Reporters pressed health care policy experts to address that question at a health reform panel in light of White House senior advisor David Axelrod’s assertions that President Barack Obama’s joint session next week will lay out a health care overhaul that could forgo the contentious government-run insurance option.

For Gail Wilensky, a senior fellow at Project Hope, the public option is “clearly” not dead. “It is the most contentious issue and unfortunately the administration has dug itself [into a difficult situation] by having the public plan become a prized position that is hard to negotiate around,” Wilensky told health care journalists this week at a National Press Club event by the Alliance for Health Care Reform.

Wilensky noted House Speaker Nancy Pelosi, and other members of Congress have said they will not support health care legislation that does not include a public plan.

“I’m worried with a public plan that when the government needs money [for the health program] it will go after benefits, populations served or whack reimbursements to physicians, which would be antithetical to the delivery improvements we’ve been talking about that are needed,” she said.

Heritage data from the Lewin Group also has shown that a government-run health care plan would create major changes in the current health care system, with more than 88 million Americans at risk of having their employer-sponsored health coverage disappear.

“The congressional left has made it clear that the public option is the key ingredient to what they consider ‘real health reform,”’ said Robert Moffit, director of Heritage’s Center for Health Policy Studies.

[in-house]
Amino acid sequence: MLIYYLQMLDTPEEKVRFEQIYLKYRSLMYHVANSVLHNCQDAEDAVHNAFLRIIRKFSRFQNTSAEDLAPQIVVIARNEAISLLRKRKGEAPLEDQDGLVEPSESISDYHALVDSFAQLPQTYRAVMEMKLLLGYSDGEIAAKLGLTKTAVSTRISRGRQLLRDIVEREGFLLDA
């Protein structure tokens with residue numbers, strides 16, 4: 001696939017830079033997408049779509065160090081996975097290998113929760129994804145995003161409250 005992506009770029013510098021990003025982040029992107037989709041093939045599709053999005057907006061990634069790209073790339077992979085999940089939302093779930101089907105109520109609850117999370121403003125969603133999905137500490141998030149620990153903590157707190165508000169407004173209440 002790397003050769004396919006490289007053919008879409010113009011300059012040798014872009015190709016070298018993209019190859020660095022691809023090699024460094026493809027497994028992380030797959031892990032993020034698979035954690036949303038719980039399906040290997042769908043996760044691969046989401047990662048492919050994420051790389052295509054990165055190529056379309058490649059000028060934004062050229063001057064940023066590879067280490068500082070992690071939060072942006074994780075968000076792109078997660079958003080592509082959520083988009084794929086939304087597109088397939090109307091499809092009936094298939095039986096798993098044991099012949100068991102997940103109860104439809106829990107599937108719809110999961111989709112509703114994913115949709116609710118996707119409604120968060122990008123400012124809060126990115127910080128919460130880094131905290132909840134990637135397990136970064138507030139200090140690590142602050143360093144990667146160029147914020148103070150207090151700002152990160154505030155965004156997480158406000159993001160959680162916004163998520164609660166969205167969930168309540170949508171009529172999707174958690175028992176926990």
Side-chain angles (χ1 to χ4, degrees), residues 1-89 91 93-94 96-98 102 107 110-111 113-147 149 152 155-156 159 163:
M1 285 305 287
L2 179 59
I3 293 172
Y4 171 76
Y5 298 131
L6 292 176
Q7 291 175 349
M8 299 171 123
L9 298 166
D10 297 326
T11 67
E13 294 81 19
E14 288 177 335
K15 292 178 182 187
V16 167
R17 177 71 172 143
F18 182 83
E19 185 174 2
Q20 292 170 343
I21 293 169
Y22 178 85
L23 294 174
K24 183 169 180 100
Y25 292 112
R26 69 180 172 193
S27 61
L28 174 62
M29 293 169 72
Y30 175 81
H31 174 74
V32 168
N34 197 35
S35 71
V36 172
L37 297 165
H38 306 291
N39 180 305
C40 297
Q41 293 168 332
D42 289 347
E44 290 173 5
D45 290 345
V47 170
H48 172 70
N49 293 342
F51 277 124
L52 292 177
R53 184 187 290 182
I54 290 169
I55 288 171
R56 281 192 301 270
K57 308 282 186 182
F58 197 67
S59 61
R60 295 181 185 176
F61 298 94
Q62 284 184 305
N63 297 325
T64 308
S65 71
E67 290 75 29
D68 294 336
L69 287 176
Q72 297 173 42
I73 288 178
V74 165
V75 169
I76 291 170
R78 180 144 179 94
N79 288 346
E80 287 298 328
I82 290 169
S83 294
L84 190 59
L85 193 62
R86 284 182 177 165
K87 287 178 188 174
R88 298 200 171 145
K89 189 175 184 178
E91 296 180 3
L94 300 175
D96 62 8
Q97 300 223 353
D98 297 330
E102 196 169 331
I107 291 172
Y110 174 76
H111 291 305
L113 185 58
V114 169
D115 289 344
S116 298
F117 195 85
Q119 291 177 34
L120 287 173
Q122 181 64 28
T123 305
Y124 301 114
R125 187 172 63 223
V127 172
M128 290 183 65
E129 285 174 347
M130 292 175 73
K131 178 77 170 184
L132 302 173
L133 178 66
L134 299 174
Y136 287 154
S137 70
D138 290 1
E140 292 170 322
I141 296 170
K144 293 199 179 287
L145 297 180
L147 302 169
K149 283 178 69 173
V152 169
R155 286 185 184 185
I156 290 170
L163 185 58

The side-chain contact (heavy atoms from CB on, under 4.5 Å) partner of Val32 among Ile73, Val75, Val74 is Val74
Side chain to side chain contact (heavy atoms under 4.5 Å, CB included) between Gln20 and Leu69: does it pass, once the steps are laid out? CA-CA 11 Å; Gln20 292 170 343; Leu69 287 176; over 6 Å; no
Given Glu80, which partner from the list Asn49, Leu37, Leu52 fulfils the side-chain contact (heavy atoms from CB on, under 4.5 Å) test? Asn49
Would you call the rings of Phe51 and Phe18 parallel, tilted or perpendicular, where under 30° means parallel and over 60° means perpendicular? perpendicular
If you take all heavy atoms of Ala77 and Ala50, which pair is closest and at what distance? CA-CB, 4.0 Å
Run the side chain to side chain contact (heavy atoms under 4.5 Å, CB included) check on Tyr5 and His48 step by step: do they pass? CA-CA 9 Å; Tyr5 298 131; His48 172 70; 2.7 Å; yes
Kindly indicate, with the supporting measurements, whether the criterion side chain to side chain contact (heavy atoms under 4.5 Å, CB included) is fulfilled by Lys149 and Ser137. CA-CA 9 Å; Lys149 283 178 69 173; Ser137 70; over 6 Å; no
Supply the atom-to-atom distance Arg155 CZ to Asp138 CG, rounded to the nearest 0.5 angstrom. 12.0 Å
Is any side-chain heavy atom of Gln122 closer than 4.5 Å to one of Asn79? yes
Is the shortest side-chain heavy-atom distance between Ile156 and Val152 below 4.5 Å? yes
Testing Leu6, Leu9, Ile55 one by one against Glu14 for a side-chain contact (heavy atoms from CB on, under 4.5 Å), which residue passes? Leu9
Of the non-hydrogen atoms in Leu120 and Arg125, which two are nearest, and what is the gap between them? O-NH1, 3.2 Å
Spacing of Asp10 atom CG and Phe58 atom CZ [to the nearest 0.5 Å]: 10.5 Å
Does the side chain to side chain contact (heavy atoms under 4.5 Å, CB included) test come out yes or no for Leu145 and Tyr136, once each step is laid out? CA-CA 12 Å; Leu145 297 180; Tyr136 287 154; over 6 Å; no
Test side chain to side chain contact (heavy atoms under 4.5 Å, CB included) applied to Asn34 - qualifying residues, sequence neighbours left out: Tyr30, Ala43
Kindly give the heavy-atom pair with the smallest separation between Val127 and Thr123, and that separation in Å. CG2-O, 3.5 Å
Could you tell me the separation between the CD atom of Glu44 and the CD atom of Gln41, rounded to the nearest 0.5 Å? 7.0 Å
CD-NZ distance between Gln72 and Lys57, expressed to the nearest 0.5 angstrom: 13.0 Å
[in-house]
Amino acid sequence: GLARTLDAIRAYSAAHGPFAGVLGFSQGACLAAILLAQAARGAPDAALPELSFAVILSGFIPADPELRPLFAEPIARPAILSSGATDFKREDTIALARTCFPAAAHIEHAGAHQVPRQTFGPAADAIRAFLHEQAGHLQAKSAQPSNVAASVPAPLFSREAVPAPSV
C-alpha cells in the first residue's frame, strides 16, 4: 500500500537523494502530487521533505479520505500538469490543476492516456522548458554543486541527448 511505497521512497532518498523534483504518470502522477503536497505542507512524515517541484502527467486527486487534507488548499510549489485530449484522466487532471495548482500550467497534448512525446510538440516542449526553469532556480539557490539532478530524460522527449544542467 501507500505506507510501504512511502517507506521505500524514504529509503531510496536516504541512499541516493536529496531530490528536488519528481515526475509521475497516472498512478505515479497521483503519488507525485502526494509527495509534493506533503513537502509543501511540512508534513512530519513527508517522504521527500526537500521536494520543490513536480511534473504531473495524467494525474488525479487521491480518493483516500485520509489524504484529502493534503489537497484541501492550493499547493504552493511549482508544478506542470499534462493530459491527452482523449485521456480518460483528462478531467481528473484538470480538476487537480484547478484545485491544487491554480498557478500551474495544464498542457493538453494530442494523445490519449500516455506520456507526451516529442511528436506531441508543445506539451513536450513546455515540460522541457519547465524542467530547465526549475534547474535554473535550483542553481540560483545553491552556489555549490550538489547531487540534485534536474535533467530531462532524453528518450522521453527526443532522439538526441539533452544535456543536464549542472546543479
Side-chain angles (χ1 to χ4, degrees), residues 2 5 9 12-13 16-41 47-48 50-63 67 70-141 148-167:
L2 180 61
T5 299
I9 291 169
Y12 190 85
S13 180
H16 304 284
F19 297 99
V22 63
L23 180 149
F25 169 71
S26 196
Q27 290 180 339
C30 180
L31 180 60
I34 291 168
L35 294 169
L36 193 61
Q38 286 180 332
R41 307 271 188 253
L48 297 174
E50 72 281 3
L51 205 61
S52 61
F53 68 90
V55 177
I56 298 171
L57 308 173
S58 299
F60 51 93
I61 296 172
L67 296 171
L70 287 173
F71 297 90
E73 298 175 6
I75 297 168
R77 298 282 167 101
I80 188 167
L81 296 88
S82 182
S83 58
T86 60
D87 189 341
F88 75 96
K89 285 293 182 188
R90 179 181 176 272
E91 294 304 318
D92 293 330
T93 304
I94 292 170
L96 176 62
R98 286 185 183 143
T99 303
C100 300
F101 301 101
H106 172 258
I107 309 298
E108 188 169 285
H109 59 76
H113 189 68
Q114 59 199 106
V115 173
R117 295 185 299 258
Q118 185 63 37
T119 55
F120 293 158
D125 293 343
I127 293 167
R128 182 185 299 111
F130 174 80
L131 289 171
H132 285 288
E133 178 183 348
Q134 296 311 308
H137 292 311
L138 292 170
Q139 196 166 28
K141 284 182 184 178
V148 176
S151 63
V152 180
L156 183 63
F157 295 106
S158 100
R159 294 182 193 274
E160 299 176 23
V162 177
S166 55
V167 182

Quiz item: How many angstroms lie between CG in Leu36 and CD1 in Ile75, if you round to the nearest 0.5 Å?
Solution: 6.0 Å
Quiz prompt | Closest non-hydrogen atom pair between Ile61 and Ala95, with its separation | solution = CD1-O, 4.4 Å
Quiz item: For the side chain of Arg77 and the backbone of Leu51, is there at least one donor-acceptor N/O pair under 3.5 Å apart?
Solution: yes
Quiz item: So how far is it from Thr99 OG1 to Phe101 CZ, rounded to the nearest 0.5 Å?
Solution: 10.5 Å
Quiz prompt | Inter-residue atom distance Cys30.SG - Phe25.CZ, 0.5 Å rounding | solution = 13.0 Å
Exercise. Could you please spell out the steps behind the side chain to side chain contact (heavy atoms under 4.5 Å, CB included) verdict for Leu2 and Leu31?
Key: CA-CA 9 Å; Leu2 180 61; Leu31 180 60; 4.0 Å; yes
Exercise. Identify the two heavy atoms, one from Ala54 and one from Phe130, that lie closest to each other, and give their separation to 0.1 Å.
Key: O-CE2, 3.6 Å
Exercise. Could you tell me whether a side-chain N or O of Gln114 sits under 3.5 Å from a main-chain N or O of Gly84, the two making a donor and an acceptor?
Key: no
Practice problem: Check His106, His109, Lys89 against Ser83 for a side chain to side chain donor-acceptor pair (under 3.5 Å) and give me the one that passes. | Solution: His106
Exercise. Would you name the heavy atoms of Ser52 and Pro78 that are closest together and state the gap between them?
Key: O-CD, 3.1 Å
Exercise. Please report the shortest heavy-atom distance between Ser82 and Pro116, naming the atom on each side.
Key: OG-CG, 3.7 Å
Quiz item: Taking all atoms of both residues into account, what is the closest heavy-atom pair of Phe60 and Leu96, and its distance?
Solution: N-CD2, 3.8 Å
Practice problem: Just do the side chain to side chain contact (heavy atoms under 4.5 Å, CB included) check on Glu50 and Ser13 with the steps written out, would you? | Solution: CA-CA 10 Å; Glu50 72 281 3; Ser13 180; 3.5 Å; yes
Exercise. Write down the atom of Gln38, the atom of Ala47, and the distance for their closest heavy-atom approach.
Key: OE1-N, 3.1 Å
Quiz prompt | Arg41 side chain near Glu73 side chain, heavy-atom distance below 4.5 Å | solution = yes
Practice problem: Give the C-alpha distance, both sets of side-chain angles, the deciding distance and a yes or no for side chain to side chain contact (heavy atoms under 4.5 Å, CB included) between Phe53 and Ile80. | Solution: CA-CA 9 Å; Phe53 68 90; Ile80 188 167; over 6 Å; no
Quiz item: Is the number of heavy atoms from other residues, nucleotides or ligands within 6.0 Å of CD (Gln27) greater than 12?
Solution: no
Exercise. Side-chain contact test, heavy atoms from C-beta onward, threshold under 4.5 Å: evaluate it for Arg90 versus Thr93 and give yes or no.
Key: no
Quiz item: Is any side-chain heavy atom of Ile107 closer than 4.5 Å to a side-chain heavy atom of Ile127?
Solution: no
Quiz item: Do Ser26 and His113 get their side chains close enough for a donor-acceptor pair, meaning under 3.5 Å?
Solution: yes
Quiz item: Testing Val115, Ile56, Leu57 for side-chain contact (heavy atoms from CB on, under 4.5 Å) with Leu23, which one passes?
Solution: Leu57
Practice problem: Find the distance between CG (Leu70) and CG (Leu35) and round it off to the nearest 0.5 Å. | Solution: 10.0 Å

“They properly see the public option as means of eroding private health insurance, destroying the private health insurance markets and creating a single-payer system with a government monopoly. Underlying this entire debate has been a profound and irreconcilable conflict over the role of government in health care.”

“This is a fight over control,” Moffit added. “Control by government officials or by individuals and families. Don’t expect the left to surrender.”

Additionally, a public plan modeled after Medicare could still leave 16.5 million uninsured Americans without coverage, according to Lewin’s analysis of the House health care bill H.R. 3200.

Rather than focus on the public plan as being the “holy grail,” panelists at the Alliance for Health Reform event said Congress should focus on the components in health reform that have bipartisan support. “We all agree that we want our health care system to move toward universal coverage,” said panelist Ken Thorpe, with Emory University who used to work for the Clinton administration during the health care reform push in the early 90s.

Moffit noted that there also is wide bipartisan support for programs to provide direct assistance to low-income workers to help them buy private health insurance, which could be in the form of premium support for private insurance, vouchers or refundable tax credits.

The second area of agreement is promoting a larger role for the states in reforming health insurance markets. “States should have a greater role in that and securing access to affordable care for the poorest and sickest of our fellow citizens,” Moffit said.